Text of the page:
Member Stories: The Sea


The Sea; calm, peaceful, tranquil or, perhaps the ferocity of a typhoon! Here it tries to swallow our escort destroyer. The DD’s bow raises out of the water.  You can see air underneath her as her bow lifts skyward on a crest of a huge wind driven swell.  She hangs there as if in a determined defiance of gravity. Behind the crest a deep trough forms and reluctantly her bow drops in a plummeting dive, driving her main deck under the next onrushing crest.  She submerges as unknown tons of water crash into the flat superstructure and foredeck   5-inch gun mount, and for a brief moment her forward motion almost appears to shutter to a halt. Her huge inertia and buoyancy battle the sea’s grip.  Her bow emerges as her awash decks gasp for a breath of air before the next deep trough tries to take her under again.

My carrier moans and groans and screeches in vehement protest making dreadful noise I didn’t know steel could emit, and I look down through my camera lens and feel relief that I am not on that all-too-small destroyer!

The South China Sea storm was by now at its ebb after a long night. This old WWII aircraft carrier exercised her expansion joints and worked by the uneven violent rollercoaster pounding of the wind and waves.  On her old but still tough hull she was able to rest before the next experience from the natural elements.

I had a mid-watch during the worst of it. The sleep robbing mid-watch was from midnight to 0400, or 4 am in landlubber talk.  After less than two hours sleep I was awakened in my rack, as prearranged, for the watch.    I had drawn a forward flight deck watch. The flight deck was normally divided into three sections: Fore, Mid and Aft.  The sailor assigned “watch” would walk his assigned area of the flight deck to check aircraft security, tie-down chain tension, fuel leaks, fire, loose objects, anything out of the norm.

Tonight, was different. Tonight, I worked to maintain my balance as the mighty ship heaved and dodged and bobbed in the unrelenting seemingly angered sea. I ascended the ladder to the hangar bay and walked like a candidate for a sobriety test, trying to maintain reasonable semblance of an upright humanoid without knuckles dragging on the hangar deck.  I climbed the grooved steel stairway of the un-working escalator from the Hangar Bay to the Island, perched on the starboard side of the flight deck.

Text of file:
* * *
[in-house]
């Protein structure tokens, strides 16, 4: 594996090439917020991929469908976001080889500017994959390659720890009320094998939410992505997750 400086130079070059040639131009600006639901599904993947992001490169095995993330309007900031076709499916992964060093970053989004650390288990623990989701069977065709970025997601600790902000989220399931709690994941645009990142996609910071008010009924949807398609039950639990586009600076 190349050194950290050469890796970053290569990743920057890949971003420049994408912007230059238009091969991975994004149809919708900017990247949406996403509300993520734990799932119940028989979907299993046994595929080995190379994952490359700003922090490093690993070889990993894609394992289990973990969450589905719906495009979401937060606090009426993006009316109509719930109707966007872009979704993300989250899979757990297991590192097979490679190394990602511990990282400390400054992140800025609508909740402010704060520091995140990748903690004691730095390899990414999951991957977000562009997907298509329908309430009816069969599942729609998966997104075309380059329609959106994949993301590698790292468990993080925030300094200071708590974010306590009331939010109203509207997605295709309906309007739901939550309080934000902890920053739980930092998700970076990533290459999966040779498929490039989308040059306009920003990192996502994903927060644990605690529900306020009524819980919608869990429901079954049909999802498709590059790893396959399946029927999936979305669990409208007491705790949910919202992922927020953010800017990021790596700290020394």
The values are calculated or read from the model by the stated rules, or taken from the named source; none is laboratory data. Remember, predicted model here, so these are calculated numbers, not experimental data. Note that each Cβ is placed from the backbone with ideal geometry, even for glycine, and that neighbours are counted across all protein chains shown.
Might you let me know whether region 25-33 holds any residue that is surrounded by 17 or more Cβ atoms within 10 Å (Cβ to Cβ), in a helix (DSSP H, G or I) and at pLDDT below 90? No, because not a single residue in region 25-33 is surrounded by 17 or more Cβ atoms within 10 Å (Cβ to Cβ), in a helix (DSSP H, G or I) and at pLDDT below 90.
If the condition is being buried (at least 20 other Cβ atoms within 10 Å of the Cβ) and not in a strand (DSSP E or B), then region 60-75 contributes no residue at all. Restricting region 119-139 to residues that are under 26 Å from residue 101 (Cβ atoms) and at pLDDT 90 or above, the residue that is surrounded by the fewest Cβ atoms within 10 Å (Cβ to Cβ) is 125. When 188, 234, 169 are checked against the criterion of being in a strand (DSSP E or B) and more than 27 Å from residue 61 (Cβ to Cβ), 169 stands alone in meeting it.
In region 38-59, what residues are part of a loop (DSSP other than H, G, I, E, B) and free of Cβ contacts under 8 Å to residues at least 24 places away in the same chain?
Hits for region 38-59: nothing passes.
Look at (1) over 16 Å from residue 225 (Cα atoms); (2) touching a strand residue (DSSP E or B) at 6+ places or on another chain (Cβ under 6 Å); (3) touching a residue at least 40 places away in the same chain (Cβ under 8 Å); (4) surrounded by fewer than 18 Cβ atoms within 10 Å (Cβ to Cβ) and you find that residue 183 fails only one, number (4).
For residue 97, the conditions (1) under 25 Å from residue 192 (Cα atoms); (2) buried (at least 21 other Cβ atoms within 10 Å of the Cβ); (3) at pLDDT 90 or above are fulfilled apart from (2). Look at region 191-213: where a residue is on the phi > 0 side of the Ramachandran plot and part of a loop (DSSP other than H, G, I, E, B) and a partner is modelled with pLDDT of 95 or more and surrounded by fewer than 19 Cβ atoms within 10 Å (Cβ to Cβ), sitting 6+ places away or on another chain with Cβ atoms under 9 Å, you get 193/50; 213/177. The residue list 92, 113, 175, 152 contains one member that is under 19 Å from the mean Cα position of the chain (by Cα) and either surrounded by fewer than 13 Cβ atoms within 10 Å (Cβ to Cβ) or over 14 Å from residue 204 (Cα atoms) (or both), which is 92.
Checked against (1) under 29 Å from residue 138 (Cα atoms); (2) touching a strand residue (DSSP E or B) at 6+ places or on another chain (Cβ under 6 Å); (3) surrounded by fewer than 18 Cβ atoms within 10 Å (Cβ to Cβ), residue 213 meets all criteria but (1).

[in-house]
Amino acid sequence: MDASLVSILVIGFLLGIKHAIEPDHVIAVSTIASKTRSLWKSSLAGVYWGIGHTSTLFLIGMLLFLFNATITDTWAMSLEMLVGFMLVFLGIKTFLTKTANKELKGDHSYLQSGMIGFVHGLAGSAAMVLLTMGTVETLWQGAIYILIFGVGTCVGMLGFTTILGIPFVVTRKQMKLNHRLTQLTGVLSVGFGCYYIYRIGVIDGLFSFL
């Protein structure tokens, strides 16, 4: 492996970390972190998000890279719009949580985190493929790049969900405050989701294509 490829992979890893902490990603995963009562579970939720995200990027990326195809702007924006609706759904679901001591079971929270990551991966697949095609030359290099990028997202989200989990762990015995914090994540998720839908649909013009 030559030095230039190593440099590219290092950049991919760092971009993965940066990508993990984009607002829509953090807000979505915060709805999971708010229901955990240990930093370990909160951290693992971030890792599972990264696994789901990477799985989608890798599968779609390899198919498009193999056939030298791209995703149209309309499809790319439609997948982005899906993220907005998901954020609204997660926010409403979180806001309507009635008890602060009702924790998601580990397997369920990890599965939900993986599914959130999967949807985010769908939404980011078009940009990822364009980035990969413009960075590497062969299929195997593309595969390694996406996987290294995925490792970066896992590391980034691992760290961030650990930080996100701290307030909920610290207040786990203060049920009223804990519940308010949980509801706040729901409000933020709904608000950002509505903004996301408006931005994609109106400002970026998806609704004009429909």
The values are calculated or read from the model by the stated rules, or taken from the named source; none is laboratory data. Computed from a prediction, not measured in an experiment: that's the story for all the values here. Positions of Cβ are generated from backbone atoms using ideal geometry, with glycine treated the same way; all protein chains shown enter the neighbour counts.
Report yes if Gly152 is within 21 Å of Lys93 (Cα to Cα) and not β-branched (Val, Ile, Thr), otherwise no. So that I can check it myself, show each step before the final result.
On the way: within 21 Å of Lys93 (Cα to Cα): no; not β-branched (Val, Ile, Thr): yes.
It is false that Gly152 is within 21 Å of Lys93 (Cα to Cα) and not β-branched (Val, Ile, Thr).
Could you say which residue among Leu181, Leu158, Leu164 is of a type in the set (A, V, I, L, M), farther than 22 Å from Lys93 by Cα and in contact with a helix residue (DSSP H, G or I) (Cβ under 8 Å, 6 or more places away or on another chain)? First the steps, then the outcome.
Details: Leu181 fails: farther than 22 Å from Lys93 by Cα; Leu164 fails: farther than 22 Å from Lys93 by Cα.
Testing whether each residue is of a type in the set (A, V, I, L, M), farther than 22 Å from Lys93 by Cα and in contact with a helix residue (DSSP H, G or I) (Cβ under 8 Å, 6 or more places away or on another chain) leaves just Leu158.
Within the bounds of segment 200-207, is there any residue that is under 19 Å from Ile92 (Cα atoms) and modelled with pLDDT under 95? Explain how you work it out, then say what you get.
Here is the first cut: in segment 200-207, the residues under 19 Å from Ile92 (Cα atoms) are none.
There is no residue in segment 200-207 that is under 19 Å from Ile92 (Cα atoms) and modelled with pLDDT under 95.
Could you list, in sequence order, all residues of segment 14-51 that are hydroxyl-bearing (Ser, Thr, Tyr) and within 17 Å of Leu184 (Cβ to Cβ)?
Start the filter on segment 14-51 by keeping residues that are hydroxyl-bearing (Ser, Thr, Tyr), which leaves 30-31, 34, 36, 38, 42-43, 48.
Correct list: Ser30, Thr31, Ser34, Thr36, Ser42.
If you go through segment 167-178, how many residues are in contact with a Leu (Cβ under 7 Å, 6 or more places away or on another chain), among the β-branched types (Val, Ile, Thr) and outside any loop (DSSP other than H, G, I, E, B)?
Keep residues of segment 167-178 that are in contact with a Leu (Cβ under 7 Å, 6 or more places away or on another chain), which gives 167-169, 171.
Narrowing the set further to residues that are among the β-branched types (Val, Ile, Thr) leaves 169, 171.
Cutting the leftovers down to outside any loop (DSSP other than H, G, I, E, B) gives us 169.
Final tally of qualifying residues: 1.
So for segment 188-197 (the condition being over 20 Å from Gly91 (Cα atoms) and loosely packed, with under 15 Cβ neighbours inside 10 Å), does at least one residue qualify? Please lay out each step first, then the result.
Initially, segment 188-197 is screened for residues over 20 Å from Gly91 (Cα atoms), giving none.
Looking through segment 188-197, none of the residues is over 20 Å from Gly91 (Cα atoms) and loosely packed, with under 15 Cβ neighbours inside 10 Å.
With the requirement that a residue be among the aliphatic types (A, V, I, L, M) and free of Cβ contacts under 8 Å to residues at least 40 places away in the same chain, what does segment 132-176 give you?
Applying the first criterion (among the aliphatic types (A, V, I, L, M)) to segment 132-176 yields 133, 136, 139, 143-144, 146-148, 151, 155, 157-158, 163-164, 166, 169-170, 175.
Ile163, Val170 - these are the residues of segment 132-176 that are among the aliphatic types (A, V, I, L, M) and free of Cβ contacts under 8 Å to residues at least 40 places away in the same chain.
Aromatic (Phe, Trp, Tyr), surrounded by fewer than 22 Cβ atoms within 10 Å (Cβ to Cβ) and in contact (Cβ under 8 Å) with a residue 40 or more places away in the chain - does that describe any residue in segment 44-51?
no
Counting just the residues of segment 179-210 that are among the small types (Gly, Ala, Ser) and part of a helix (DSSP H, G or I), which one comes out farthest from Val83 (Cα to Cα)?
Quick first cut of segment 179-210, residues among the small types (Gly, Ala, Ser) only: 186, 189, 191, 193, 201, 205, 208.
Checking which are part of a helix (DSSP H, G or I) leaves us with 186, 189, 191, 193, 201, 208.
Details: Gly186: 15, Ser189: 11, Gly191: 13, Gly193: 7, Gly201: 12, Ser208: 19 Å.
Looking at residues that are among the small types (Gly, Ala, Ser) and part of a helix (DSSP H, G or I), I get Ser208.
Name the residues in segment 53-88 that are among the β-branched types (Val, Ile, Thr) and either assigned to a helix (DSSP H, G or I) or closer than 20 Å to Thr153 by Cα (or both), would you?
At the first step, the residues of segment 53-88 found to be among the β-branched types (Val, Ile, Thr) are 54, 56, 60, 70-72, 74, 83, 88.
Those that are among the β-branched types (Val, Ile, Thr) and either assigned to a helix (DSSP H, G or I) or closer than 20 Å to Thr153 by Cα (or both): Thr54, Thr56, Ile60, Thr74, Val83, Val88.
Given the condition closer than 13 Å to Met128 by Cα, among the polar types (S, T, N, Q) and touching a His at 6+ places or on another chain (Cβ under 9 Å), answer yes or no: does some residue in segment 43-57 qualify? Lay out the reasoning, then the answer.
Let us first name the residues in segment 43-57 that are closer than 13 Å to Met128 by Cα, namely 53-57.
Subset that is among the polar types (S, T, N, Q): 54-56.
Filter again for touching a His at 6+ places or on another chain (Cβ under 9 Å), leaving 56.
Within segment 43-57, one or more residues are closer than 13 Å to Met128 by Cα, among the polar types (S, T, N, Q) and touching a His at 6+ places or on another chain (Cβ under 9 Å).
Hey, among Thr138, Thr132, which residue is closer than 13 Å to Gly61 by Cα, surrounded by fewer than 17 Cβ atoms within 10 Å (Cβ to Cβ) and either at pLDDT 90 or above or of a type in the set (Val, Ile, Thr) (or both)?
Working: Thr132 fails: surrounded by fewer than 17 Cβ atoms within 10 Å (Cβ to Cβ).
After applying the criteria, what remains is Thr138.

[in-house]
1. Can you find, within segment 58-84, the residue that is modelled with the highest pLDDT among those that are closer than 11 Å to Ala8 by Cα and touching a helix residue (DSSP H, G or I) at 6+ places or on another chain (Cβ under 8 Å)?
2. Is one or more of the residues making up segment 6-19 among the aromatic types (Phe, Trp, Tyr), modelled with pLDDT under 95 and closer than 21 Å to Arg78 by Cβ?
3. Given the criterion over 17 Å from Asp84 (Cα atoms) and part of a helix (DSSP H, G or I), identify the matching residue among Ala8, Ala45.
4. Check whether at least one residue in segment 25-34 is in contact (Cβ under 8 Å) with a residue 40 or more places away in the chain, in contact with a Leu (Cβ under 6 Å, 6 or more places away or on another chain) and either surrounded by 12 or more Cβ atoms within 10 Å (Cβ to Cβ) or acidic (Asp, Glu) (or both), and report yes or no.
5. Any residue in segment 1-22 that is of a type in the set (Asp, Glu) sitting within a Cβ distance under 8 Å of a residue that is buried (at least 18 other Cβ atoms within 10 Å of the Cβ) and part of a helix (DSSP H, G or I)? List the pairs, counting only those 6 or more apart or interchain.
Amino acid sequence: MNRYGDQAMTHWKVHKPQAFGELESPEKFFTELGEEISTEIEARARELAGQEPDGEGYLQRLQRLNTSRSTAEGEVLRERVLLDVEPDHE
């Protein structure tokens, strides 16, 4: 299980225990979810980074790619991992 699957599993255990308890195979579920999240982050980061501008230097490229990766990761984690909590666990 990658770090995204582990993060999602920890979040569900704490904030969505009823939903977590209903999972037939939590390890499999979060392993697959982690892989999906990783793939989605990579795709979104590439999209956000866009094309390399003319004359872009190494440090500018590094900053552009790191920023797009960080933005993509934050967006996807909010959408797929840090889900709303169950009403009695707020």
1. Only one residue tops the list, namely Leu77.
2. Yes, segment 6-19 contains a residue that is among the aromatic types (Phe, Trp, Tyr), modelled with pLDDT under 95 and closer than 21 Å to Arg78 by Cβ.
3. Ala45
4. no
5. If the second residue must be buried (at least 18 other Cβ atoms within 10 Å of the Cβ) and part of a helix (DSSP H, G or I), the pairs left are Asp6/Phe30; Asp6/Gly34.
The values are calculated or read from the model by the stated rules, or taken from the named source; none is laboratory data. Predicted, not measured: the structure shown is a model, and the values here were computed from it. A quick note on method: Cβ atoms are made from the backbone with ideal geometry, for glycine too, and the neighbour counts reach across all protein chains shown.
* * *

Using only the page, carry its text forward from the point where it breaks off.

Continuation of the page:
Within the protection of the island, we were issued yellow slickers complete with hats that gave us the appearance of Gloucester fishermen fighting a nasty blow in a teaming frothy Atlantic gale. Years later the movie “The Perfect Storm” would refloat an upwelling of memories of my time with the sea.

The watch was modified to adjust for the weather hazard. We would walk the watch teamed with another man, and the flight deck was cut in half, rather than thirds, to pair us up with a fourth man pulled from the hangar bay watch. We were issued a rope as a lifeline to our partner for some false semblance of safety should one of us get blown off his feet fighting the ravages of the storm.

The ship, in a state of war as well fighting the elements, was blacked out, adding another frightful dimension to the harsh biting wind driven rain, and heaving flight deck.  Unseen hazards in the dark seem to leap out at you.  The gray ghostly form of sharp trailing edges of wings and horizontal stabilizers emerge to mash your face or downturned skull.  Tie down chains rise to trip you, while securing the aircraft you we were tasked to babysit in the dread of that extremely wet and wild pitch-black night.  You could not look forward as the storm driven water droplets felt like steel shot from a nail gun against any exposed flesh.

Walking toward the bow to check security of the A4 Skyhawks of the VA-192 “Golden Dragons” and F8 Crusaders of the VF-194 “Red Lightning”, we were stooped over.  Our bodies bent at angles not normal and totally unfamiliar, as we seemingly climbed, groped and battled our way blindly forward against the on-slot of the ravaging torrents of wind and water.

Green water threatened to cascade over the high pitching flight deck, as the mighty ship plunged forward in the tempest. The fear of losing your tenuous footing and getting blown or swept overboard was suppressed by the reality of your mental resources being otherwise occupied by the challenges of doing the job tasked in that wet and wicked weather.

0400 came. I don’t know where the hell it came from, but it was most welcome when I was at last relieved, and after toweling off, the two more hours sleep in a dry windless and rolling rack was absolute heaven.

These violent days in action against nature were good days at sea.

Even as we fought the elements and managed our task at hand, we were secure in our knowledge that all on board were safe.  We would have time later to mourn the count of 7 lost aviators and one seaman who would not return home from the USS Bon Homme Richard’s 1965 cruise. On this night no target was visited on Vietnamese soil.  No napalm nor general purpose ordinance was delivered by the mighty winged machines of war chained down to her wet and wild flight deck.


About Author'

Raised in Southern California, John served in the US Navy as an Avionics Technician, and was aboard the aircraft carrier USS Bon Homme Richard (CVA-31) for nine months in 1965-66. He earned a commercial pilot's license and built, flew and raced a canard pusher airplane designed by Burt Rutan. Having an extensive 30 year background in aviation (as a hobby) and naval carrier experience, John was asked to document the history of the CVL-22, USS Independence, by the historian of the ship’s reunion group and published his book in 2009.

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